Opening 21 Jun 2012
Manhattan, 1998. Privileged, pretty, and not quite thirty Wally Wintrop (Abbie Cornish) becomes more and more distraught in her marriage to a successful but increasingly hostile husband, psychiatrist William (Richard Coyle). She escapes her desperation by making daily excursions to Sotheby’s, her place of employment before her boorish husband forced her to quit. At Sotheby’s Wally becomes fascinated with the luxury articles from the estate of Wallis Simpson. Wally becomes increasingly obsessed with the life Mrs. Simpson (engagingly played by Andrea Riseborough) and her love affair with the Prince of Wales (James D’Arcy), one of the 20th century’s most scandalous romances. King Edward had fallen madly in love with the twice married and not yet divorced American and had initially expected his subjects to accept her as his wife. But this was 1936 in post-Victorian England. After less than a year as king, Edward abdicated, going down in history as the man who gave up the throne for the women he loved. The two were banned from England, given the titles the Duke and Duchess of Windsor, and became notorious as decadent nomads spending the rest of their opulent lives mostly in France.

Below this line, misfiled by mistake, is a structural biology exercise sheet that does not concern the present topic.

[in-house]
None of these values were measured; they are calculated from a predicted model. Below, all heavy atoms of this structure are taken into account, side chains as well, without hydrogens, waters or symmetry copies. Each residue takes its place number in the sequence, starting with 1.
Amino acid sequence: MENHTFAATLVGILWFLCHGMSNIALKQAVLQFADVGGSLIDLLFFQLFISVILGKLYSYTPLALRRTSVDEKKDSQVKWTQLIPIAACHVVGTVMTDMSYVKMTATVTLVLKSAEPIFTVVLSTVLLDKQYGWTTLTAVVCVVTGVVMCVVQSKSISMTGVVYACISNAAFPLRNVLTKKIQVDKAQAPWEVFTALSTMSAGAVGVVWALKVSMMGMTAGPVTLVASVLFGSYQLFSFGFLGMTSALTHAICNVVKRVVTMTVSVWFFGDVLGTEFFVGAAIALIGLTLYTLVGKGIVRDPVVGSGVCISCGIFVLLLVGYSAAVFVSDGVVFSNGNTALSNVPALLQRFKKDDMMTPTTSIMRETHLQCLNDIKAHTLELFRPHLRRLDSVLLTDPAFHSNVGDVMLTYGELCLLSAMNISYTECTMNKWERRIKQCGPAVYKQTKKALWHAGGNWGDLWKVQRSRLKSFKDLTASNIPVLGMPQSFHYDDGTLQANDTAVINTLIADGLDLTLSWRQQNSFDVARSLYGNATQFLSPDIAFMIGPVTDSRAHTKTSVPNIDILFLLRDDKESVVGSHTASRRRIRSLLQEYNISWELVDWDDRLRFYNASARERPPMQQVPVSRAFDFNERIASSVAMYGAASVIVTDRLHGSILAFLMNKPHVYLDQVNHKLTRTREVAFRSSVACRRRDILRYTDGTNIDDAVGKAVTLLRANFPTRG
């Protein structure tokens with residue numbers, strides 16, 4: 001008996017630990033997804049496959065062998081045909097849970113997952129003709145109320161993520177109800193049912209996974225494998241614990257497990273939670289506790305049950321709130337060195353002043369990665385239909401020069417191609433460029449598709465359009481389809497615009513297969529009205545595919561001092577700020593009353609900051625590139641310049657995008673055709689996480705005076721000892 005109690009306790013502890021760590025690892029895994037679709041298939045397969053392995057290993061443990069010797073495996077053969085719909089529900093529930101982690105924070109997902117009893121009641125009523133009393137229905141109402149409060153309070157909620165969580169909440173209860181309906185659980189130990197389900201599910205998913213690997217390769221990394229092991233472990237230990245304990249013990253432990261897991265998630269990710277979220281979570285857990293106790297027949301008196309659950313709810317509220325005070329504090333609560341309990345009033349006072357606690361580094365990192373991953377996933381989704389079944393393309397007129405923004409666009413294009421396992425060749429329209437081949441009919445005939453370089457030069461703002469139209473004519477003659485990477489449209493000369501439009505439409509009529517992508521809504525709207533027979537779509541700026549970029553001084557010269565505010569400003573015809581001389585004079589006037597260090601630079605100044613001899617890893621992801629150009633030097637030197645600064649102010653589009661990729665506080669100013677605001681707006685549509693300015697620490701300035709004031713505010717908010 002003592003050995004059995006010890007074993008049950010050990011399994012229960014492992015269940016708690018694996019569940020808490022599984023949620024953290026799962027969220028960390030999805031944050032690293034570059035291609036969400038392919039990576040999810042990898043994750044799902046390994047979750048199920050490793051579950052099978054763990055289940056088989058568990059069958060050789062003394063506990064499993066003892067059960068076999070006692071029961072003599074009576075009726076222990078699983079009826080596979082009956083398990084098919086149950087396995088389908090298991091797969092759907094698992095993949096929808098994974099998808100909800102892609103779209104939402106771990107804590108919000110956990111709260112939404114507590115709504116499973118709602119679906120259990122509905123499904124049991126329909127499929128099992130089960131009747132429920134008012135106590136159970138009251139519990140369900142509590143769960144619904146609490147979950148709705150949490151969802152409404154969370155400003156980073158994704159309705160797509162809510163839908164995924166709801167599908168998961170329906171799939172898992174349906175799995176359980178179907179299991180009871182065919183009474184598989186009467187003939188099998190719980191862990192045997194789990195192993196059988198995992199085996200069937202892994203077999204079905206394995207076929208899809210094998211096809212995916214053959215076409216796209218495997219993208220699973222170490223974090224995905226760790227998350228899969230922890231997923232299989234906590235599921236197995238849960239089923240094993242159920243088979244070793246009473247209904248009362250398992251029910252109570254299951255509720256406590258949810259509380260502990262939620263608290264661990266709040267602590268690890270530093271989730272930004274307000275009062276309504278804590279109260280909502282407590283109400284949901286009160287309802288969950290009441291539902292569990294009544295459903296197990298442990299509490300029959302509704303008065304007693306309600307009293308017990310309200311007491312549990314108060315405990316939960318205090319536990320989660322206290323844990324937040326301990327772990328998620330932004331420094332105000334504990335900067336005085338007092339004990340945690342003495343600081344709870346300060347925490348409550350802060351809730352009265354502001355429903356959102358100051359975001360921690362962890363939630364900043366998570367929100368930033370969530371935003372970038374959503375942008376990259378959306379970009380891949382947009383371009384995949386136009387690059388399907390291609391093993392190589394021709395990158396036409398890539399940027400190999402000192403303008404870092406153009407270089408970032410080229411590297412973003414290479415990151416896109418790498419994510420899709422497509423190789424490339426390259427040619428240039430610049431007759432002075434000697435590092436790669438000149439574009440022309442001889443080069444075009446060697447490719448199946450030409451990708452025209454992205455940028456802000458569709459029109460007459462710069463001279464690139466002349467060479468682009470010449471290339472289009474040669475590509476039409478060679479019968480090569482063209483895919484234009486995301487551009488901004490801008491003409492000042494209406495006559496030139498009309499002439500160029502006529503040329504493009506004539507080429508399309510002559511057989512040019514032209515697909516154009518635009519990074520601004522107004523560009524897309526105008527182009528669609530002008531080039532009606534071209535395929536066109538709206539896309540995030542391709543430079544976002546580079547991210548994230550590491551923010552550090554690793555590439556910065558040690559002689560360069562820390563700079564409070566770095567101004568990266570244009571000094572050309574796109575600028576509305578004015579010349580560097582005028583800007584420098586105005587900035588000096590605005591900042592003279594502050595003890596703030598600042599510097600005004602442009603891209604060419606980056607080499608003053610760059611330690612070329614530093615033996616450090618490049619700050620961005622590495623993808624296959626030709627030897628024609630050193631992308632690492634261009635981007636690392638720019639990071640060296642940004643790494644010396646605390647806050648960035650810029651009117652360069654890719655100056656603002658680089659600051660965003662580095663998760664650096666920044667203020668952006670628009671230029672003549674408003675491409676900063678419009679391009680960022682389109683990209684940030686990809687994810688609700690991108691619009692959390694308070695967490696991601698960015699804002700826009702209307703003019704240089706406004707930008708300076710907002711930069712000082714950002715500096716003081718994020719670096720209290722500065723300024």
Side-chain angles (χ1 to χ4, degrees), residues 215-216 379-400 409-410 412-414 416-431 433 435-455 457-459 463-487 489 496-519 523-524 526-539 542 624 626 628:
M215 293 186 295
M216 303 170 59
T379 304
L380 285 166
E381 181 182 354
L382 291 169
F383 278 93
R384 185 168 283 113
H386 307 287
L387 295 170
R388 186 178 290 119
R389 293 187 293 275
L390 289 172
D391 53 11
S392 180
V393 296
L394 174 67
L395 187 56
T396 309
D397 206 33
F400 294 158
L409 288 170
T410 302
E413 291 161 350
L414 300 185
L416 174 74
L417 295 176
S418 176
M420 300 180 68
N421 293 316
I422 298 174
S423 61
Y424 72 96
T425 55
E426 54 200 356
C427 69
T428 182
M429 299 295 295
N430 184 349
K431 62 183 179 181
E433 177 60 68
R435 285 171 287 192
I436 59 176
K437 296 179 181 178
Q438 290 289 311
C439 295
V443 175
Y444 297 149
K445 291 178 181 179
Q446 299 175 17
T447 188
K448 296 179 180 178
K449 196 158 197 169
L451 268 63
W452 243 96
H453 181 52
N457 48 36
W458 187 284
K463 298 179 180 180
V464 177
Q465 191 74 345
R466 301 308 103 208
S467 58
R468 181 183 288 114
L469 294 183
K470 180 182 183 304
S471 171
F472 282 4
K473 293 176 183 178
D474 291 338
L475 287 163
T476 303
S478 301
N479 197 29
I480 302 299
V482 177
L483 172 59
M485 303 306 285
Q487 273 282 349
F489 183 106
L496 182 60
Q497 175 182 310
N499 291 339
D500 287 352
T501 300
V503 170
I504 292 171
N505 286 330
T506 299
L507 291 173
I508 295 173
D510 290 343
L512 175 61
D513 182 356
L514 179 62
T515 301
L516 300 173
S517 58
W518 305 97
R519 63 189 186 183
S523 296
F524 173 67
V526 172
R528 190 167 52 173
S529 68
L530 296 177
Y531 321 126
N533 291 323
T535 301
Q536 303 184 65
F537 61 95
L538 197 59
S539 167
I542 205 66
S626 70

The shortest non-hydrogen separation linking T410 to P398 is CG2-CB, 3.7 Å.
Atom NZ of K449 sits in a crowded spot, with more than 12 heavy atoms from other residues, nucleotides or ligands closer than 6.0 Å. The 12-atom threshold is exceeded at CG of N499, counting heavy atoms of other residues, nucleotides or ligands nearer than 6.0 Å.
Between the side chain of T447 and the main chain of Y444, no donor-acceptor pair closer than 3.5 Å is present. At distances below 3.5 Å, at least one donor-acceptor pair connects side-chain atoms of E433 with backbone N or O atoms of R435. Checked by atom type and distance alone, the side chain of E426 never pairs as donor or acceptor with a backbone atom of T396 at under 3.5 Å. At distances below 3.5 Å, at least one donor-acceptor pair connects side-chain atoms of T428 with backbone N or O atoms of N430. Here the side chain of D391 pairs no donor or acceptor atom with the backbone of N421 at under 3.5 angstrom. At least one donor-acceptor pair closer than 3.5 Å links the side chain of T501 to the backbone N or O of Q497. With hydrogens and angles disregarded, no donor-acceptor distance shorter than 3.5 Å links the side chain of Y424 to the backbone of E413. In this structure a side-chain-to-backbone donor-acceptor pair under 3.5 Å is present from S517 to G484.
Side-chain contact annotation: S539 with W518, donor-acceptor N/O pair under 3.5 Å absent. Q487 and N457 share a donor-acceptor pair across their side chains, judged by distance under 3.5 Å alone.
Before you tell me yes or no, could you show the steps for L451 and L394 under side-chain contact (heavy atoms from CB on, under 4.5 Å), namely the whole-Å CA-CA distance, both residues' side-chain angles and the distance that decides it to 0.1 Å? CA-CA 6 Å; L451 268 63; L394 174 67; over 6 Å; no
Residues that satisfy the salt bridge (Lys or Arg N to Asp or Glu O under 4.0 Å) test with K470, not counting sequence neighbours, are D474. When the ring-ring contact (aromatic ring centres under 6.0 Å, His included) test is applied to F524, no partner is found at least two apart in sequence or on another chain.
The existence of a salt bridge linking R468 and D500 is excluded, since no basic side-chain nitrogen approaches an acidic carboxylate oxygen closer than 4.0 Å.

Disruptive, disjointed flashbacks and even several time-defying meetings between the two Ws (Wally and Wallis) transpire. The E part of the title W.E. refers to Edward and eventually Evgeni (Oscar Isaac), Wally’s cow-eyed love interest, a security guard at Sotheby’s. Hence the name of the film W.E. for Wallis and Edwards meshes into W.E. for Wally and Evgeni. Clever maybe, but who really cares. While there are some endearing moments, such as when Wallis dances the twist for her adoring husband on his deathbed, it seems like this great love story has a dark side. Does the film’s director Madonna want to dispel the myth of eternal love? Wally discovers Wallis Simpson wrote letters whinging she felt trapped and lamenting that no one every realized just what she had had to give up to marry Edward. Judging by the loot at Sotheby’s, not much…… (Pat Frickey)